5 Best Practices for Direct Mail Campaigns

With the increased saturation of digital marketing and the decreasing volume of direct mailing, people are more likely to respond to a well-executed and relevant direct mail campaign. Since I’m interested in all things marketing, I thought it would be helpful to review this new-again marketing technique and explore some best practices. I found some surprising stats, as well as useful parallels to digital marketing.

Isn’t Direct Mail Dead?

Not in the least, according to the Direct Marketing Association 2014 Statistical Fact Book, as quoted by Beasley Direct:

According to a Compu-Mail post on print ad statistics, 73 percent of consumers prefer mail to other ad types; 40 percent will try a new business in response to direct mail; on average, they spend 30 minutes with catalogs and 25 minutes with direct mail; and 48 percent keep direct mail for future reference.

In case you’re ready to disregard all this as biased (since DMA wants to promote direct marketing), a March 2015 Gallup poll on Americans’ feelings about direct marketing showed 46 percent of adults said they’d be likely to have a positive response to a mailed catalog, and 30 percent said the same about a letter from a business. Adding those who are more neutral, the numbers are 70 percent and 64 percent, respectively.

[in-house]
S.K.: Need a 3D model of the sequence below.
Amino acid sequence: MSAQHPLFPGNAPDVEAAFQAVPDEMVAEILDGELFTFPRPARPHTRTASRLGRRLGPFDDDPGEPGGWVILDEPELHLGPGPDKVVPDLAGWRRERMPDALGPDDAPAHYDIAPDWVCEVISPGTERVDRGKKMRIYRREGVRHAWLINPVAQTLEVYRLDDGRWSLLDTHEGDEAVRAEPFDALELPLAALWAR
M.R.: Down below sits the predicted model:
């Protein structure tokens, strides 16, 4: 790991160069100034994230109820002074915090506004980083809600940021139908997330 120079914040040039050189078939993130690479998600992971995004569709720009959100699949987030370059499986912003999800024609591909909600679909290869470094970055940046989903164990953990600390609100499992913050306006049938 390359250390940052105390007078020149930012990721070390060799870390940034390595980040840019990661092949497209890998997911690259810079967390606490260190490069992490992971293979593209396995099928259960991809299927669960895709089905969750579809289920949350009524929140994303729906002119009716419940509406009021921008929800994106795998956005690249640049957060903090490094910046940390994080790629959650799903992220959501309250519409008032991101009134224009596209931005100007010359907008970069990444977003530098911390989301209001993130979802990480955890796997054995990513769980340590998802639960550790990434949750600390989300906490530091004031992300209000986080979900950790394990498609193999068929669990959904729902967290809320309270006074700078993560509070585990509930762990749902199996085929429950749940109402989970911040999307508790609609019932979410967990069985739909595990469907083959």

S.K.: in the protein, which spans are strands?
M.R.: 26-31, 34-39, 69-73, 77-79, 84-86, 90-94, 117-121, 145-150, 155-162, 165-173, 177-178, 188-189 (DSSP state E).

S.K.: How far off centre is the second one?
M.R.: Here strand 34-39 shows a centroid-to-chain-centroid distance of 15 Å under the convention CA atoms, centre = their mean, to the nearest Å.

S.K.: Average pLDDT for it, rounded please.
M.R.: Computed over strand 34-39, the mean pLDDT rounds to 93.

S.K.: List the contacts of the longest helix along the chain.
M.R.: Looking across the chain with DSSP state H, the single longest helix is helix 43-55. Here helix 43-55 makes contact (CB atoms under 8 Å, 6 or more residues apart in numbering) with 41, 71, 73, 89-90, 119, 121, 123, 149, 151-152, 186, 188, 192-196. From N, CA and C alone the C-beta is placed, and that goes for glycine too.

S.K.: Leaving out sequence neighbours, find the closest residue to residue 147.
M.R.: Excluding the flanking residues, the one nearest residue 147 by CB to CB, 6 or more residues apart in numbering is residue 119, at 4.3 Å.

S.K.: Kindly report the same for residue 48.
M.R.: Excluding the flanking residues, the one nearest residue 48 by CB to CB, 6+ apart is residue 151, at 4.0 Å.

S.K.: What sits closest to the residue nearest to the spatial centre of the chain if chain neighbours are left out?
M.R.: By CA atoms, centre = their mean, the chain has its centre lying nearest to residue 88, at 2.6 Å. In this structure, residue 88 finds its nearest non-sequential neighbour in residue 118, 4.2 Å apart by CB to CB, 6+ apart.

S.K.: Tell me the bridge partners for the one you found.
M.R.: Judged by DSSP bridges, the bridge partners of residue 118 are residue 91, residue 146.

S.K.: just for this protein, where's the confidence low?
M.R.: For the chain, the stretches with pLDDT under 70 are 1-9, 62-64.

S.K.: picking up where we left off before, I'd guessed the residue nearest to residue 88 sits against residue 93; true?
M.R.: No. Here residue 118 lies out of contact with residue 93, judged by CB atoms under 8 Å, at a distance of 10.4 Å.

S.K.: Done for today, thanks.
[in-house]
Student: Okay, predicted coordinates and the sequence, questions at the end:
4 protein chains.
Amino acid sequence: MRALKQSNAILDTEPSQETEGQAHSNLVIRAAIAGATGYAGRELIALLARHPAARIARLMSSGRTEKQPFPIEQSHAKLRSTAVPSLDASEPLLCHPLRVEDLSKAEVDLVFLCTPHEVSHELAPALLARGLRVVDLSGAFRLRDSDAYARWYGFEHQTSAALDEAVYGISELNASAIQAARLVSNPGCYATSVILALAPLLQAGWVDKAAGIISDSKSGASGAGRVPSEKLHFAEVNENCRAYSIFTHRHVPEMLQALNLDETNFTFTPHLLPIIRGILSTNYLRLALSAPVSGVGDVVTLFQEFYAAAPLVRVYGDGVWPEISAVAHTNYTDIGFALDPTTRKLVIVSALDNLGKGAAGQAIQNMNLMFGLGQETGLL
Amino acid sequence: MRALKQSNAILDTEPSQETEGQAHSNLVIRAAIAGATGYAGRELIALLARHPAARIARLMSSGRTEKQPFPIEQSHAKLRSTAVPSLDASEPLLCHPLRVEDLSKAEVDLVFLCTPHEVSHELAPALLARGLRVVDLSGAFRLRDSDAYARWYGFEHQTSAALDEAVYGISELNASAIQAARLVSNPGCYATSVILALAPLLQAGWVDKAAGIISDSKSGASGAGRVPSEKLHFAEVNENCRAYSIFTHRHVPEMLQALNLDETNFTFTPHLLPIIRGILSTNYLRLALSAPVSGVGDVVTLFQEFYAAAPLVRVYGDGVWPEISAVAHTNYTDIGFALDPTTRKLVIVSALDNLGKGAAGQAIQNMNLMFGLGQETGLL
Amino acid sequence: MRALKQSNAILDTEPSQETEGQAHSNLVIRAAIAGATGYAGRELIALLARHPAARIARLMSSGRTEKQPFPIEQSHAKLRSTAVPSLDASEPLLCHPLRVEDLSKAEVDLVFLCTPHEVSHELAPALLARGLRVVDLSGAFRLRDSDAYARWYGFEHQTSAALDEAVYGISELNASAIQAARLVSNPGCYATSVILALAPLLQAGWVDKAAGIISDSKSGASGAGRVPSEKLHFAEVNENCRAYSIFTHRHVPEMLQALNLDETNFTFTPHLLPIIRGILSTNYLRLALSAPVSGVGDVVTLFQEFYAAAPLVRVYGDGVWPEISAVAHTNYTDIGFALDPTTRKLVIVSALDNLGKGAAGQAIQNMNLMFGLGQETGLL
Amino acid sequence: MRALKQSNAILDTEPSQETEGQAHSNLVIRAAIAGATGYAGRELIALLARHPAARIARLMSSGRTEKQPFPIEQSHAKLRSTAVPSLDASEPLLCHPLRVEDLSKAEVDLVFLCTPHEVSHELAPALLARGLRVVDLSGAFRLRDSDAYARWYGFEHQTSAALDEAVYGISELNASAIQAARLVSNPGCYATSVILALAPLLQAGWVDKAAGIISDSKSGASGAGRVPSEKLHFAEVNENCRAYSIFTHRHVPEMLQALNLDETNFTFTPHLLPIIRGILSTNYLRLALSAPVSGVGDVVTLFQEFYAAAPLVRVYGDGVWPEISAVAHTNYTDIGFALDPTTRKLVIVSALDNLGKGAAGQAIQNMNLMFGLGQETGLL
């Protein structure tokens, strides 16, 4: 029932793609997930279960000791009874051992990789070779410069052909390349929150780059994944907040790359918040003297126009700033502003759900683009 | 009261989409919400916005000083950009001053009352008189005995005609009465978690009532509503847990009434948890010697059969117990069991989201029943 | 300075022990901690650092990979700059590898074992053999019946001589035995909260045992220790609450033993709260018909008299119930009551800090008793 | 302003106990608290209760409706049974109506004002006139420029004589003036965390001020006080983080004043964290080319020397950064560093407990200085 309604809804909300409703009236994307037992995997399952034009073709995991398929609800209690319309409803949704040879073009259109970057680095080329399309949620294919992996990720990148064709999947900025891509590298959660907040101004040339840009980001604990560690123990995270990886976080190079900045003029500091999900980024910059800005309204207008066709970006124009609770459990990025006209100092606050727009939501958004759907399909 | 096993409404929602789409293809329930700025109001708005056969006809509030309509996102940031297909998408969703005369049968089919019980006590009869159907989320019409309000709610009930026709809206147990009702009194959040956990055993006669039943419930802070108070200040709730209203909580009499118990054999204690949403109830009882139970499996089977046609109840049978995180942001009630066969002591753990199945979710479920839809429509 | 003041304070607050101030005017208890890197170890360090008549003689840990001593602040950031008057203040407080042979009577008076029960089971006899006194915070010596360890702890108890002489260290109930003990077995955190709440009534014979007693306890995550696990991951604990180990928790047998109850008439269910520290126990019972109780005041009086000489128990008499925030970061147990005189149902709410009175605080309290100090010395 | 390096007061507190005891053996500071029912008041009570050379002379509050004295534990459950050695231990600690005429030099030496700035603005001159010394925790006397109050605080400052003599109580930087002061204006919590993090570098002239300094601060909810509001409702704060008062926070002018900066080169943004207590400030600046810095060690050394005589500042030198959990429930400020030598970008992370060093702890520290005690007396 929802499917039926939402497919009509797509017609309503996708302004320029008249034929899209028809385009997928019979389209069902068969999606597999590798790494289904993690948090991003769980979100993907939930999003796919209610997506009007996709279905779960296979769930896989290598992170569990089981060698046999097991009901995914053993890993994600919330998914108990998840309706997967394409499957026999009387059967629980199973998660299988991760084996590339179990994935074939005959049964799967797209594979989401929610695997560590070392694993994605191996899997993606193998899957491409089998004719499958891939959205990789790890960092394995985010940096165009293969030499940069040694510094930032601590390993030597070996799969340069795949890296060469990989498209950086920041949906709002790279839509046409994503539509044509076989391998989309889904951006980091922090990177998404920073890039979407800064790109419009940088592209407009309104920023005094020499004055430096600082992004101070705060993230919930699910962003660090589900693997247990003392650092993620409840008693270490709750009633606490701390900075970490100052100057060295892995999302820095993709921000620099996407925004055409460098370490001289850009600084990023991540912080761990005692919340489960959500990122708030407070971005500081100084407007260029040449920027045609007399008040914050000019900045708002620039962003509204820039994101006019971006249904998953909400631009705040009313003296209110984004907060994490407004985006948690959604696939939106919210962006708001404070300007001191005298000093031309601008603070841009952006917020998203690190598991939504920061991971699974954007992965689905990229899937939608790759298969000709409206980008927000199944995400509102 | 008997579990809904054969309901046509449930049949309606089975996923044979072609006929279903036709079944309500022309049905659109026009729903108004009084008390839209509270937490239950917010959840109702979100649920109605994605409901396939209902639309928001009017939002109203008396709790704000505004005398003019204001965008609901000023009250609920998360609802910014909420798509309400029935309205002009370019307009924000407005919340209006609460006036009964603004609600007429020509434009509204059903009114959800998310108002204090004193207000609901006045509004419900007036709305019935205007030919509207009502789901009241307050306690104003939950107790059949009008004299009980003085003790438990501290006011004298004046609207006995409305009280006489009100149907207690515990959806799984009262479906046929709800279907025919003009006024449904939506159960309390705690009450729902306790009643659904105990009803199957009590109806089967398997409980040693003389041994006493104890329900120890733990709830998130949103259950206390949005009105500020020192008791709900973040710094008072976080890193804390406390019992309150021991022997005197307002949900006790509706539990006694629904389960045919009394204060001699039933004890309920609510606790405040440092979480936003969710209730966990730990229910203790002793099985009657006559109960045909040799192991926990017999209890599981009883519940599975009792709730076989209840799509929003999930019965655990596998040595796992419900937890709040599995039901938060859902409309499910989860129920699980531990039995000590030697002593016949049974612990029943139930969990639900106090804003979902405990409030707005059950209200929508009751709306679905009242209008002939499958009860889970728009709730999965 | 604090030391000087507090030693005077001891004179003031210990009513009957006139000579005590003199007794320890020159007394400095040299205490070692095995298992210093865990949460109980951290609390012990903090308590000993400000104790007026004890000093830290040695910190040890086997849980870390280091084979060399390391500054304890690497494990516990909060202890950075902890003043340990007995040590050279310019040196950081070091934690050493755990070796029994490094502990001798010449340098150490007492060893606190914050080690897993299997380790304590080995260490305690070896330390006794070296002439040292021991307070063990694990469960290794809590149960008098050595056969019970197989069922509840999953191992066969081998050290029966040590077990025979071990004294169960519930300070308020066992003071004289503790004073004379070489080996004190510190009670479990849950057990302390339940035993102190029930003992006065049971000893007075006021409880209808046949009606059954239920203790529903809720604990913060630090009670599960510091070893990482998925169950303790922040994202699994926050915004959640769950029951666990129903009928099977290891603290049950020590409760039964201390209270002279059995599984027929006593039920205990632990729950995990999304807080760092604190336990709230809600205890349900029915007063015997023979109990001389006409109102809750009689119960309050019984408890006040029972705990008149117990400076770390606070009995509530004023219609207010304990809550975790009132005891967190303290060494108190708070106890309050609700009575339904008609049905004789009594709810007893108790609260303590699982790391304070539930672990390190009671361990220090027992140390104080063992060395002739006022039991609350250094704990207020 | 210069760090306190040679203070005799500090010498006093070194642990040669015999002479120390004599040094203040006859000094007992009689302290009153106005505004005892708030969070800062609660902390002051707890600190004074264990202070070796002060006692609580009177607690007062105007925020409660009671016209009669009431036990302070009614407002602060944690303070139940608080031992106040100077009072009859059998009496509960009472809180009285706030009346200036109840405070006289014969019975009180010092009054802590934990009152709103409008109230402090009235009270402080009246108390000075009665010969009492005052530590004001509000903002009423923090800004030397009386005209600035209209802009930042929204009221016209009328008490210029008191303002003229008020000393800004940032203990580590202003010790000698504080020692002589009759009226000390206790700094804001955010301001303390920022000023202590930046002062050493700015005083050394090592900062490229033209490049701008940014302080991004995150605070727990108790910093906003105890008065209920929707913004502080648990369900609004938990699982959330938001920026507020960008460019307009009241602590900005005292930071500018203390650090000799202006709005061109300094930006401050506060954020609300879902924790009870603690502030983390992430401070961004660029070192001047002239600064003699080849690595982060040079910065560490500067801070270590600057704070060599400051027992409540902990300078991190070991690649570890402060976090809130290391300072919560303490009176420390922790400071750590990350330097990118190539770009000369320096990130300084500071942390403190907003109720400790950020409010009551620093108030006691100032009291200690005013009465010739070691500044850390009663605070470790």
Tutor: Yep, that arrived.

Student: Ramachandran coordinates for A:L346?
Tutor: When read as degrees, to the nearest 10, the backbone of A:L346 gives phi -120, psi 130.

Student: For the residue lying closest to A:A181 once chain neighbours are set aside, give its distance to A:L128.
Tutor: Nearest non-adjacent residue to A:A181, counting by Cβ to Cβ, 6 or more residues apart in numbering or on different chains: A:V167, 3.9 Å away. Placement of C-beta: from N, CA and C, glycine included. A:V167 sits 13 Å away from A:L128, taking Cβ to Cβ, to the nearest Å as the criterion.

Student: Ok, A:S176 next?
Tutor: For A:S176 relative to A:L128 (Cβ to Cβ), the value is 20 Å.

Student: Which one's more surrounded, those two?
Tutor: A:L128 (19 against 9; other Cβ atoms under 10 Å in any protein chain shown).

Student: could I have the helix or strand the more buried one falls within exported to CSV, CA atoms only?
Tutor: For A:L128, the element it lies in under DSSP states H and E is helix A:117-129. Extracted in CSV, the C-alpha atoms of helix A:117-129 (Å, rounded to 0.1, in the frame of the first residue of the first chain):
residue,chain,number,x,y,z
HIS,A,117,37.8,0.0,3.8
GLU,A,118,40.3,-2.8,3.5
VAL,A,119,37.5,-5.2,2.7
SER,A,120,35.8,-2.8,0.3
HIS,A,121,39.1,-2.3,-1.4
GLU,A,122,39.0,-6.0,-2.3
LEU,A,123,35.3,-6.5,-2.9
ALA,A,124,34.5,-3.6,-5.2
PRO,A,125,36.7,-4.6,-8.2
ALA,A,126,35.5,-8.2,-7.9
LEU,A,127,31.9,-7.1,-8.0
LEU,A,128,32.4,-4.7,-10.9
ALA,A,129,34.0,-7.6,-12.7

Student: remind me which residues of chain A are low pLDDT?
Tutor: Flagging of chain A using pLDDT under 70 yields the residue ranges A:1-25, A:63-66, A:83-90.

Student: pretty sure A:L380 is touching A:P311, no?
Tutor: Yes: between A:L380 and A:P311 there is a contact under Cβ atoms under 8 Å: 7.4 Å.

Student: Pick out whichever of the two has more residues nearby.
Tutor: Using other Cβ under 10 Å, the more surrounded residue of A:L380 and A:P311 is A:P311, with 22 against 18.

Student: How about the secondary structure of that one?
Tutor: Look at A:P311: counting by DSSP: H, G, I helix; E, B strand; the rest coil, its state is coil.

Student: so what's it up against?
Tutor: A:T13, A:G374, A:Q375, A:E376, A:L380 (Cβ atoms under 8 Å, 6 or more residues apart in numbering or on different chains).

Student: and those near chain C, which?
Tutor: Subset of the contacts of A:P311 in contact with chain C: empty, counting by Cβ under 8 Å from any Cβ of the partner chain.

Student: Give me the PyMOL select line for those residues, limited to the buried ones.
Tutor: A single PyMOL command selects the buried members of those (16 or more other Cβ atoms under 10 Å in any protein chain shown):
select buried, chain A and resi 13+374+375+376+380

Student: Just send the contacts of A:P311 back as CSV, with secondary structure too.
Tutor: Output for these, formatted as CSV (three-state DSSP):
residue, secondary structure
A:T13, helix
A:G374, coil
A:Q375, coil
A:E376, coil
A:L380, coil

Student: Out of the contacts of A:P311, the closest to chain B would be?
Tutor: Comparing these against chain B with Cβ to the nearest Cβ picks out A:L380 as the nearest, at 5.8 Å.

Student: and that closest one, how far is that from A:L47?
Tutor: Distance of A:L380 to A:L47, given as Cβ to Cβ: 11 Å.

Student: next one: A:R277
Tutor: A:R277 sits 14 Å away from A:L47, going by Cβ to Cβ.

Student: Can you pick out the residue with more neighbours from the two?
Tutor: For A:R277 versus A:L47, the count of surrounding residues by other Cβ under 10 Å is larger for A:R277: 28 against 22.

With the above in mind, think about your ads. What percentage of people are happy, or even neutral, about receiving those? How about your newsletter—what’s your open rate?

Direct Mail Best Practices

I’m far from expert on direct mail. That’s why I interviewed direct mail fan and expert, Adobe Campaign UK Sales Director Mathieu Lavedrine (@LavedrineMat ), to get the inside scoop. We had a great conversation about this channel, which I share below with all interested marketers.

MB: What are the main points to consider Mathieu?

ML: The most important thing is to have a clean and up-to-date database, because without that, you have no way of sending your recipients offers and content they will find relevant. After that, you need to have a solid campaign management solution that helps you define your journeys, your audiences, and execute very personalized direct mailings.

MB: What are the best practices for direct marketing (DM)?

ML: It’s hard to cover all these in a short blog post, so I’ll just hit the most important ones and at the highest level:

DM Best Practice #1: Just as in Digital, Targeting and Personalization Are Crucial

If you define narrower segments and send each one a personalized offer, your content is more likely to resonate and generate sales. Use predictive modeling and similar techniques to optimize your campaigns. Then, track response rates and use them to refine your list and keep it up to date. Where possible, use face-to-face and digital interactions to verify and update contact information. As for personalization, it should be more than using the recipient’s name, though that’s certainly important. Personalization should be about connecting with the recipient so he or she sees you and your team as people and ideally assimilate your content as a service. This could simply be adding the address and opening hours of the closest or most frequently used store (based on geo-location and shopping habits) or pointing out the sections of a catalogue where relevant items might be found (based on displayed behavior or declared interest).